Zenobia was a 3rd century warrior queen who claimed she was descended from none other than Cleopatra. She is known for conquering Egypt and thwarting the Roman Empire.
Born in Palmyra in Syria, Zenobia’s given Roman name was Julia Aurelia Zenobia. It’s reported that as a child she learnt the riding skills which would serve her well in her warrior future. Continue reading Zenobia – Warrior Queen
At the base of Tamworth Castle can be seen the statue of an armed woman protectively holding a child. The child is Athelstan but the woman is not his mother. Her name is Aethelflaed (Æthelflæd), and she was one of the greatest warrior-leaders in Anglo-Saxon history. Continue reading Aethelflaed, Lady of the Mercians
Last year I wrote about Ani Pachen, an incredible shero who was, as the title of this book indicates, a Tibetan warrior nun. Her life intrigued and inspired me, and I wanted to know more, so I ordered her biography Sorrow Mountain, which I’ve just finished reading. Continue reading Sorrow Mountain: The Journey of a Tibetan Warrior Nun – Ani Pachen & Adelaide Donnelley
The Trung sisters are famous in Vietnam for their brave stand against the occupying Chinese nearly 2000 years ago.
Trung Trac and Trung Nhi were sisters, daughters of a powerful military ruler. Unlike many neighbouring countries of the time, women in Vietnam could work, becoming judges or soldiers, and were allowed to inherit property and land. This opened a world of opportunity to the young sisters. As girls growing up they were really into martial arts and when they grew into young women their lessons extended to the art of warfare, which they learnt from their dad. These sisters were strong, brave and not to be messed with!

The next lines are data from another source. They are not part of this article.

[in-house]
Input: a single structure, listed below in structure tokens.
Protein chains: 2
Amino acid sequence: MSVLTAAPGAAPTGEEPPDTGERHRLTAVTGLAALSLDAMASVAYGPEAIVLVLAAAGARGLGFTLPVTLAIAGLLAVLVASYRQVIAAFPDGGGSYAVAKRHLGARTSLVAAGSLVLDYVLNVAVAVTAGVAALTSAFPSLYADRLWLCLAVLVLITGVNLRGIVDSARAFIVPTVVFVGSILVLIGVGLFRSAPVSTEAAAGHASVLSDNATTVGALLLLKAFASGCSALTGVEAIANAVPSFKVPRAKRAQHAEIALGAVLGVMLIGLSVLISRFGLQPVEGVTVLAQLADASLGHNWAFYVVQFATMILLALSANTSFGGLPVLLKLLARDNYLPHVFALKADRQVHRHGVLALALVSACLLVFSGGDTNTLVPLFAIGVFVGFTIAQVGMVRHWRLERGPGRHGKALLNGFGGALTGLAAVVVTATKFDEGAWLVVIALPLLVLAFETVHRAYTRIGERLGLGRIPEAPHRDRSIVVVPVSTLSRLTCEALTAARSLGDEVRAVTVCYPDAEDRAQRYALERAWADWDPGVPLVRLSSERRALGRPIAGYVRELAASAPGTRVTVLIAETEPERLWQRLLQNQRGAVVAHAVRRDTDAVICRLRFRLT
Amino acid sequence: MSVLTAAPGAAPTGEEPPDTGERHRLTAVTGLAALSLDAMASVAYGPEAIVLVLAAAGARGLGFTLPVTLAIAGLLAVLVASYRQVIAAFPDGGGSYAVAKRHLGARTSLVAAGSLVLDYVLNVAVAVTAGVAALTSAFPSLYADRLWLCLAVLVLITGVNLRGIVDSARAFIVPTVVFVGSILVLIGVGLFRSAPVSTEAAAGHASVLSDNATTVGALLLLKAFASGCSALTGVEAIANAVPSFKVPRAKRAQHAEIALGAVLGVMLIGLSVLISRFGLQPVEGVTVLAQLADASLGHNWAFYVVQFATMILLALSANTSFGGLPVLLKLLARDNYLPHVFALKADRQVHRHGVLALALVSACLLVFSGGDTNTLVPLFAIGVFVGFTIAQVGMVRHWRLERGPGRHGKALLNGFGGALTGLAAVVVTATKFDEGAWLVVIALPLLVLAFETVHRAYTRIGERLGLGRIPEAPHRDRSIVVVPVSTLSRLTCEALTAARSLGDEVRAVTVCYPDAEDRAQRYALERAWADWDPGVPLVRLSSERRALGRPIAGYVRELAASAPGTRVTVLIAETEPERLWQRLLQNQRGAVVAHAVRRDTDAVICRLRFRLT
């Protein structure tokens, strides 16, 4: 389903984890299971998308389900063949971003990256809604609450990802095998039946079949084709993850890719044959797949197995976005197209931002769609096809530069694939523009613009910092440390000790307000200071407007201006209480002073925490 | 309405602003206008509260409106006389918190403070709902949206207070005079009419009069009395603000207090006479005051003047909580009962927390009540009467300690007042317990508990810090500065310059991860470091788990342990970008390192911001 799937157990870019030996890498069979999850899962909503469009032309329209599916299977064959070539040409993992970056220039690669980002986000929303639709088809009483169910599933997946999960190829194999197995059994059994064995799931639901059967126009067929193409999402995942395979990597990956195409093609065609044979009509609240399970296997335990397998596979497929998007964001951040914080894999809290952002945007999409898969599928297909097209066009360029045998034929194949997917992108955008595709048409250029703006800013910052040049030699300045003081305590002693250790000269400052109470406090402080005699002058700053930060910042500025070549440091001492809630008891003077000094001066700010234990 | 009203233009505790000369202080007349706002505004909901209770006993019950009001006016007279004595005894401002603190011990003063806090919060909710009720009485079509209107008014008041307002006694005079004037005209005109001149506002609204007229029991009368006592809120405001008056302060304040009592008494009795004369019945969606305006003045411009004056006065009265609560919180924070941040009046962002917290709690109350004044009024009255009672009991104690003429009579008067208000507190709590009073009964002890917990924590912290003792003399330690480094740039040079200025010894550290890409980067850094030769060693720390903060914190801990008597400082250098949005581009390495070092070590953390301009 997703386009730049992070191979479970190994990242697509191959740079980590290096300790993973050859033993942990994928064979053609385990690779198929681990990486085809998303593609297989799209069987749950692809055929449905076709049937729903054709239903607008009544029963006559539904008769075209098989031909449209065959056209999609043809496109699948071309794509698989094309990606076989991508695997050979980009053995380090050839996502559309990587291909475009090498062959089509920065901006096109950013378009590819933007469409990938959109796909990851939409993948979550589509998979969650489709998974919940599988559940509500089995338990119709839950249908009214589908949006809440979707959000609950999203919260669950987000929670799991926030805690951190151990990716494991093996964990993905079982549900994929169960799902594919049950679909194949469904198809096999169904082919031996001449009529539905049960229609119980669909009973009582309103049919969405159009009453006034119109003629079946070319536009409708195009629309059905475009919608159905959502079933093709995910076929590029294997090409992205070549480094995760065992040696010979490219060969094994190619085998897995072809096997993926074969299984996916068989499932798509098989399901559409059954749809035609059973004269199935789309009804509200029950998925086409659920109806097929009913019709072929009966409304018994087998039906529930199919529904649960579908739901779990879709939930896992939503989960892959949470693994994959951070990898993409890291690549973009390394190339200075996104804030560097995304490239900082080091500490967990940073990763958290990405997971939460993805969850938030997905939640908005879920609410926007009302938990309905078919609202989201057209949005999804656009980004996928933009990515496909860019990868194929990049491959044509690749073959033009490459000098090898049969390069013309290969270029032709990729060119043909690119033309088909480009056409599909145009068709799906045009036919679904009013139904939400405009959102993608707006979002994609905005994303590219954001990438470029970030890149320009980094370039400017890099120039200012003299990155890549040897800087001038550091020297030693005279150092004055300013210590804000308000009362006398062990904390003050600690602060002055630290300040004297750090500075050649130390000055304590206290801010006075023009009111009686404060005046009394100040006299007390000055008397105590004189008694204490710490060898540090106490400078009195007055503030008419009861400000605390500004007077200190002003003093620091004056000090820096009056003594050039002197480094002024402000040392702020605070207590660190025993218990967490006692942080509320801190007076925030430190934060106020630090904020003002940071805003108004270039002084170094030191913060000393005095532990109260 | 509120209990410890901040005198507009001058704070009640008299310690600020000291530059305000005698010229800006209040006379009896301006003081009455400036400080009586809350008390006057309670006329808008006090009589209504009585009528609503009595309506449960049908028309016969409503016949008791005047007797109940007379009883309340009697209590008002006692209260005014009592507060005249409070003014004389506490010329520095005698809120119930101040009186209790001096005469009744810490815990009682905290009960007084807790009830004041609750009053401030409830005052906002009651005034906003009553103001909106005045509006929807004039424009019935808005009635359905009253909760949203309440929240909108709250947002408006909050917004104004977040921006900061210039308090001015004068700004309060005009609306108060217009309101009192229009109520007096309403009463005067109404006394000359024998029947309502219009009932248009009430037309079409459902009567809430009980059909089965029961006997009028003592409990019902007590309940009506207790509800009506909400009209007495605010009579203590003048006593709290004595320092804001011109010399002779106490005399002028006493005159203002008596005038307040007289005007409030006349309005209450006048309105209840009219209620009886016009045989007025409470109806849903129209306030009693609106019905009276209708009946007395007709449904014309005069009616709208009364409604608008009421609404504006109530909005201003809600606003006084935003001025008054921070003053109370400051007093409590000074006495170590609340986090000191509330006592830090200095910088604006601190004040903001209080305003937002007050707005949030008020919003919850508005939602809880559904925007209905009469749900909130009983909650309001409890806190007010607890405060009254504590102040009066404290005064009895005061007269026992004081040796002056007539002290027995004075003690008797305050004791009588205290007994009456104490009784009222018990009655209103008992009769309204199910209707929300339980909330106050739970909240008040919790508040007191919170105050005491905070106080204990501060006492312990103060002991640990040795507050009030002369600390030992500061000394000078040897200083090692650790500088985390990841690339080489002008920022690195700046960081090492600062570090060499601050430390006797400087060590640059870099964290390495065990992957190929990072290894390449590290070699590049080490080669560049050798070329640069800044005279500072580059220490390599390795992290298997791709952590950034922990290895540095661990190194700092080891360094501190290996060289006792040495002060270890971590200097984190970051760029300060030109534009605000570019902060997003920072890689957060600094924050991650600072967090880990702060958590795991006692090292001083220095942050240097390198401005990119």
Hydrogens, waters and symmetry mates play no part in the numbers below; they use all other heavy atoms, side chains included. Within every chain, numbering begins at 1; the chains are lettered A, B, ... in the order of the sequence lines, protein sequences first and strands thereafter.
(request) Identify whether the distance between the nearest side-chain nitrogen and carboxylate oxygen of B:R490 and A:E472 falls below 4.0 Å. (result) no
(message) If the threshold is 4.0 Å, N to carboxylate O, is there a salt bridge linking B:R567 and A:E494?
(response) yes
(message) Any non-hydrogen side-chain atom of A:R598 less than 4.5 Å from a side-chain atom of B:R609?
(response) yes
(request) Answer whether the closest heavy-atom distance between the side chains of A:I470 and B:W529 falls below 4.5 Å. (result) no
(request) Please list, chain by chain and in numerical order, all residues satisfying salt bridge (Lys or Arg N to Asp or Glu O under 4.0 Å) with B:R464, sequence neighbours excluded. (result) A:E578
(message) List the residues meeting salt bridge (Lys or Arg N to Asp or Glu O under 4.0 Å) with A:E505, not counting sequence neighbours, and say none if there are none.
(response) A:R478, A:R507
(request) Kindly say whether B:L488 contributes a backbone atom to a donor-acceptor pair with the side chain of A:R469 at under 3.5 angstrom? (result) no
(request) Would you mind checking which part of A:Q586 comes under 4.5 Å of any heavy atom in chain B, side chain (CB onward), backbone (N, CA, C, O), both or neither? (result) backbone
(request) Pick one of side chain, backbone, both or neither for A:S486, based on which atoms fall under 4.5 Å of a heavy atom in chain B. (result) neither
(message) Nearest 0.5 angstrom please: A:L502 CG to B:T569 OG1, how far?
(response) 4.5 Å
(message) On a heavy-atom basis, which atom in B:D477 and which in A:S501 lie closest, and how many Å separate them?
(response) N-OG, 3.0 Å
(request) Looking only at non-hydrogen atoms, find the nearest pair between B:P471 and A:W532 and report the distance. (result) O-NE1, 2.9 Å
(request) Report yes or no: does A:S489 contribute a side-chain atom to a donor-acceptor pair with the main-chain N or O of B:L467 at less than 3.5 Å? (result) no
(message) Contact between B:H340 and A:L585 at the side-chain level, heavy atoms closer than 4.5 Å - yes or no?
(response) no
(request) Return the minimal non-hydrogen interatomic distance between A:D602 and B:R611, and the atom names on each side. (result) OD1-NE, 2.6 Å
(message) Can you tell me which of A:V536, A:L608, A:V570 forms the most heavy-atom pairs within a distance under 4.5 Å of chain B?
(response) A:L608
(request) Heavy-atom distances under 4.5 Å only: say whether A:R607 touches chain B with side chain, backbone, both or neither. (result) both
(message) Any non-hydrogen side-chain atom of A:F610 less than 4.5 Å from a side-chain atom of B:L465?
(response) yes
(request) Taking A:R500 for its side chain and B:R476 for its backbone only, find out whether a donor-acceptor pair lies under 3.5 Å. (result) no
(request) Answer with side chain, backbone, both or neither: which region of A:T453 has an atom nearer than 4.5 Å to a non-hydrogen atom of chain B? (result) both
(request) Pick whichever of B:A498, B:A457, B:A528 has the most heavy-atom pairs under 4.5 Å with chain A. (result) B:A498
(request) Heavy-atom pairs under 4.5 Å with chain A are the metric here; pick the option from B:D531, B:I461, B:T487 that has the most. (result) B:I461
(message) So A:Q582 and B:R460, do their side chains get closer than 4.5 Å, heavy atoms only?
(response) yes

Ani Pachen was a Tibetan tribal princess who became a Buddhist nun and led her tribe against the Chinese.
Pachen Dolma was born in 1933 in Eastern Tibet. Her father was the leader of her tribe. As a girl growing up she learned how to ride & shoot, but Pachen (Ani) had a desire for a more peaceful life.
When she was 17 years old she heard of plans to marry her to a chieftan from another tribe. She wasn’t keen on the idea so instead she took tried to run away and join a Buddhist monastery, she wanted to become a nun. The name she is now known by ‘Ani Pachen’ means simply ‘Nun, Big Courage’. Her father send some of his men to bring her back home; he told her he missed her terribly and agreed to call off the marriage he had arranged. Over the next few years of her life her Buddhist practice deepened and she learned how to meditate and live a peaceful life.
Princess Pingyang was decidedly more fearsome than her name might suggest. She led an army that helped to establish one of China’s greatest dynasties, and as her father said, ‘she was no ordinary woman’.
Born in 600 AD, Pingyang was the daughter of Li Yuan. Li was born a peasant and had risen through the ranks of the army to become a military commander. The Emperor at the time was the second leader of the Sui Dynasty and was known as Yangdi. Yangdi was not a popular ruler. The people of China saw him as a villain and grew increasingly unhappy with his rule, the things he spend money on and the rising taxes. The whispers of rebellion began to stir as more and more people grew opposed to him.